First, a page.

146 DRINKING WATER AND HEAt TH tional Fiber Exposures. Publ. No. 79-135. Washington, D.C.: U.S. Department of Health, Education, and Welfare, National Institute for Occupational Safety and Health. Donham, K.J., J.W. Berg, L.A. Will, and J.R. Leininger. 1980. The effects of long-term ingestion of asbestos on the colon of F344 rats. Caneer 45:1073-1084. Evans, ].C., R.J. Evans, A. Holmes, R.F. Hounam, D.M. Jones, A. Morgan, and M. Walsh. 1973. Studies on the deposition of inhaled fibrous material in the respiratory tract of the rat and its subsequent clearance using radioactive tracer techniques. 1. U1CC Croeidolite as- bestos. Environ. Res. 6:180-201. Harington, J.S. 1981. Fiber eareinogenesis: Epidemiologic observations and the Stanton hy- pothesis. 1. Natl. Caneer Inst. 67:977-989. Harrington, J.M., G.F. Craun, and J.W. Meigs. 1978. An investigation of the use of asbestos cement pipe for public water supply and the incidence of gastrointestinal cancer in Con- neetieut. Am. J. Epidemiol. 107:96-103. Henderson, V.L., and P.E. Enterline. 1979. Asbestos exposure: Factors associated with ex- eess cancer and respiratory disease mortality. Ann. N.Y. Aead. Sei. 330:117-126. international Ageney for Researeh on Caneer. 1977. MARC Monographs on the Carcinogenic Risk of Chemicals to Man: Asbestos, Vol. 14. Lyon: international Ageney for Researeh on Caneer. 106 pp. Kanarek. M.S., P.Kl. Conforti. L.A. Jackson, R.C. Cooper, and J.C. Murehio. 1980. Asbes- tos in drinking water and cancer incidence in the San Francisco Bay area. Am. J. Epide- miol. 112:54-72. Levy, B.S., E. Sigurdson, J. Mandel, E. Laudon, and J. Pearson. 1976. Investigating possible effects of asbestos in city water: Surveillance of gastrointestinal cancer incidence in Du- luth, Minnesota. Am. J. Epidemiol. 103:362-368. Lynch, J.R., H.E. Ayer, and D.L. Johnson. 1970. The interrelationships of selected asbestos exposure indices. Am. Ind. Hyg. Assoe. ]. 31:598-604. Masson, T.J., F.W. McKay, and R.W. Miller. 1974. Asbestos-like fibers in Duluth water supply: Relation to cancer mortality. 1. Am. Med. Assoe. 228:1019-1020. McCabe, L.J., and I.R. Millette. 1979. Health effects and prevalence of asbestos fibers in drinking water. Preprint, Proceedings of the American Water Works Association Annual Conference, June 24-29, San Franeiseo, Calif. 12 pp. Miller, A.B. 1978. Asbestos fibre dust and gastro-intestinal malignancies. Review of litera- ture with regard to a eause/effeet relationship. ]. Chron. Dis. 31:23-33. Millette, J.R., P.J. Clark, and M.F. Pansing. 1979. Exposure to Asbestos from Drinking Water in the United States. EPA-600/1-79 028. Washington, D.C.: U.S. Environmental Protection Ageney. 87 pp. Available from National Technical Information Service, Springfield, Va., as Publ. No. PB-300-444. Millette, J.R., P.J. Clark, M.F. Pansing, and J.D. Twyman. 1980. Concentration and size of asbestos in water supplies. Environ. Health Perspeet. 34:13-25. Morgan, A., J.C. Evans, RJ. Evans, R.F. Hounam, A. Holmes, and S.G. Doyle. 1975. Stud- ies on the deposition of inhaled fibrous material in the respiratory tract of the rat and its subsequent clearance using radioactive tracer techniques. II. Deposition of the UICC stan- dard reference samples of asbestos. Environ. Res. 10:196-207. National Researeh Council. 1977. Drinking Water and Health. Report of the Safe Drinking Water Committee, Advisory Center on Toxicology, Assembly of Life Seienees. Washing- ton, D.C.: National Academy of Seienees. 939 pp. National Toxicology Program. 1981a. Draft Careinogenesis Bioassay of Chrysotile Asbestos in Syrian Golden Hamsters. NTP-81-51. Bethesda, Md.: U.S. Public Health Service. (un- published) 134] PP. National Toxicology Program. 1981b. Draft Carcinogenesis Bioassay of Amosite Asbestos in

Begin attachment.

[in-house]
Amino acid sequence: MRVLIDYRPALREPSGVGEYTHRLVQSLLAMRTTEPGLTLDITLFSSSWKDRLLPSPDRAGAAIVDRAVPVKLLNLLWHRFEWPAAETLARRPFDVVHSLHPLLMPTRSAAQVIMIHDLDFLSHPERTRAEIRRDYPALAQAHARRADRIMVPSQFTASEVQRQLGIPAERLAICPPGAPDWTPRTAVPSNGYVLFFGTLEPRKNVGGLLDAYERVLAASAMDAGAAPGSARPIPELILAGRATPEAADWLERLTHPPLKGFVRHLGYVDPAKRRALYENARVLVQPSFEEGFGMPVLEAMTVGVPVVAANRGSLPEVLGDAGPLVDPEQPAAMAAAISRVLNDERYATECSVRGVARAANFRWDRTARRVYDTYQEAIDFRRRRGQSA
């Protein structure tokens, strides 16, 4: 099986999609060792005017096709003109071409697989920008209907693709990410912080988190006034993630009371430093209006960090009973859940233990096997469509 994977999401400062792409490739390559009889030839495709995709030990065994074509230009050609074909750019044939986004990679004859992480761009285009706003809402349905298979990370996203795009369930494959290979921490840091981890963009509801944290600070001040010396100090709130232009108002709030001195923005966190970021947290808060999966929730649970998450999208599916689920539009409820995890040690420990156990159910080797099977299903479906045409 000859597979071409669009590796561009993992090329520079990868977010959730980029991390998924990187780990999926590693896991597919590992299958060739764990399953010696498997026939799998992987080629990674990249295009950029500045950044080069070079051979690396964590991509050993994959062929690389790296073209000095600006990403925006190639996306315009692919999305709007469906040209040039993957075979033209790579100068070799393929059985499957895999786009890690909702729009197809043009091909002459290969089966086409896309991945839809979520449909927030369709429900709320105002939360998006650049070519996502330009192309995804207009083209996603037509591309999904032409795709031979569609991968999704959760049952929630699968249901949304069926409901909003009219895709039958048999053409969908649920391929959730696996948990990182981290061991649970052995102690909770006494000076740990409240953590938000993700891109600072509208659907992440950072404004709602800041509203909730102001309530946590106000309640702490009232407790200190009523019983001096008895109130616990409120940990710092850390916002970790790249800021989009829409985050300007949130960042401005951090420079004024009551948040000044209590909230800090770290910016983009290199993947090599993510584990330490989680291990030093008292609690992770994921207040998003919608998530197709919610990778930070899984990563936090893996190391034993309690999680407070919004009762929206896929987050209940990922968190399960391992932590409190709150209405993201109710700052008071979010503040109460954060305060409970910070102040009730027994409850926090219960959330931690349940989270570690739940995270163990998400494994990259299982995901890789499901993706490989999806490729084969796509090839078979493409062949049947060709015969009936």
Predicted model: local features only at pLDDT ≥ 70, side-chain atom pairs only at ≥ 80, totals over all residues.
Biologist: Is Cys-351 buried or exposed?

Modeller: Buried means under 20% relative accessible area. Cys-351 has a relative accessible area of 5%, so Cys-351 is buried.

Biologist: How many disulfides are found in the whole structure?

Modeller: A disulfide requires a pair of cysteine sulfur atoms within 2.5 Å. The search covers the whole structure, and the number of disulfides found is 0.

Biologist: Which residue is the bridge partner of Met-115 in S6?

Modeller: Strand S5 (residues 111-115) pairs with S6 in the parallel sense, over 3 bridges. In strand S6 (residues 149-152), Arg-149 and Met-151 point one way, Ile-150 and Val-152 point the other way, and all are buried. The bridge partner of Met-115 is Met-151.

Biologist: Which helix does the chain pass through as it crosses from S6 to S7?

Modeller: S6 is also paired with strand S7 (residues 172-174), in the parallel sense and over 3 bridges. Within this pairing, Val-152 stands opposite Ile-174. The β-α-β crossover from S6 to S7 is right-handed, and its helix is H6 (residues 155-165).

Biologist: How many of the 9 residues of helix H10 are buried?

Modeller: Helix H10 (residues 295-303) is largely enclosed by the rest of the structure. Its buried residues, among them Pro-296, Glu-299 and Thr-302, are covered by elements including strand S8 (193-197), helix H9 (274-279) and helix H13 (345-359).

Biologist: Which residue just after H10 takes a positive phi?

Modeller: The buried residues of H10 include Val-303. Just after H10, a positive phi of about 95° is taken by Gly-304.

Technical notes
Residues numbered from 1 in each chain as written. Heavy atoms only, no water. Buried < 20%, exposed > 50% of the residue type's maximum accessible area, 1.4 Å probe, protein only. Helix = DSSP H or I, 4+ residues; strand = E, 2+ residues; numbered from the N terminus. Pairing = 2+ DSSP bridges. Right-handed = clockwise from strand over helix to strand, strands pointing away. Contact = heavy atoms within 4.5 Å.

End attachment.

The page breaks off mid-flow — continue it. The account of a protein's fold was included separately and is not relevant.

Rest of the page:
Adverse Health Effects of Arsenic and Asbestos 147 Syrian Golden Hamsters. NTP-82-86. Bethesda, Md.: U.S. Public Health Service. (un- published) 130] pp. Newhouse, M.L., and G. Berry. 1979. Patterns of mortality in asbestos factory workers in London. Ann. N.Y. Acad. Sci. 330:53-60. Peto, J. 1979. Dose-response relationships for asbestos-related disease: Implications for hy- giene standards. Part II. Mortality. Ann. N.Y. Acad. Sci. 330:195-203. Polissar, L., R.K. Severson, E.S. Boatman, and D.B. Thomas. 1982. Cancer incidence in relation to asbestos in drinking water in the Puget Sound region. Am. J. Epidemiol. 1 16:314-328. Pott, F. 1980. Animal experiments on biological effects of mineral fibres. Pp. 261-272 in J.C. Wagner, ed. Biological Effects of Mineral Fibres, Vol. 1. IARC Scientific Publications No. 30. Lyon: International Agency for Research on Cancer. Saracci, R. 1977. Asbestos and lung cancer: An analysis of the epidemiologica] evidence on the asbestos-smoking interaction. lot. J. Cancer 20:323-331. Seidman, H., I.J. Selikoff, and E.C. Hammond. 1979. Short-term asbestos work exposure and long-term observation. Ann. N.Y. Acad. Sci. 330:61-89. Selikoff, I.J., and D.H.K. Lee. 1978. Asbestos and Disease. Environmental Sciences. New York: Academic Press. 549 pp. Selikoff, I.J., E.C. Hammond, and H. Seidman. 1979. Mortality experience of insulation workers in the United States and Canada. 1943-1976. Ann. N.Y. Acad. Sci. 330:91-116. Smith, W.E., D.D. Hubert, H.J. Sobel, E.T. Peters, and T.E. Doerfler. 1980. Health of e~cperimental animals drinking water with and without amosite asbestos and other mineral particles. J. Environ. Pathol. Toxicol. 3:277-300. Stanton, M.~., M. Layard, A. Tegeris, E. Miller, M. May, E. Morgan, and A. Smith. 1981. Relation of particle dimension to carcinogenicity in amphibole asbestoses and other fibrous minerals. J. Natl. Cancer lust. 67:965-975. U.S. En~nronmental Protection Agency. 1979. Asbestos. Ambient Water Quality Criteria. Washington, D.C.: Criteria and Standards Division, Office of Water Planning and Stan- dards, I].S. Environmental Protection Agency. 1149] pp. Available from the National Technical Information Service, Springfield, Va., as Publ. No. PB-297-917. Wagner, J.C., G. Berry, ].W. Skidmore, and F.D. Pooley. 1980. The comparative effects of three chrysotiles by injection and inhalation in rats. Pp. 363-372 in J.C. Wagner, ed. Bio- logical Effects of Mineral Fibres, Vol. 1. lARC Scientific Publications No. 30. Lyon: Inter- national Agency for Research on Cancer.

Next: Appendix: 1977 Amendment to the Safe Drinking Water Act »
Drinking Water and Health,: Volume 5 Get This Book
×
Buy Paperback | $50.00
MyNAP members save 10% online.
Login or Register to save!
Download Free PDF
  1. ×

    Welcome to OpenBook!

    You're looking at OpenBook, NAP.edu's online reading room since 1999. Based on feedback from you, our users, we've made some improvements that make it easier than ever to read thousands of publications on our website.

    Do you want to take a quick tour of the OpenBook's features?

    No Thanks Take a Tour »
  2. ×

    Show this book's table of contents, where you can jump to any chapter by name.

    « Back Next »
  3. ×

    ...or use these buttons to go back to the previous chapter or skip to the next one.

    « Back Next »
  4. ×

    Jump up to the previous page or down to the next one. Also, you can type in a page number and press Enter to go directly to that page in the book.

    « Back Next »
  5. ×

    To search the entire text of this book, type in your search term here and press Enter.

    « Back Next »
  6. ×

    Share a link to this book page on your preferred social network or via email.

    « Back Next »
  7. ×

    View our suggested citation for this chapter.

    « Back Next »
  8. ×

    Ready to take your reading offline? Click here to buy this book in print or download it as a free PDF, if available.

    « Back Next »
Stay Connected!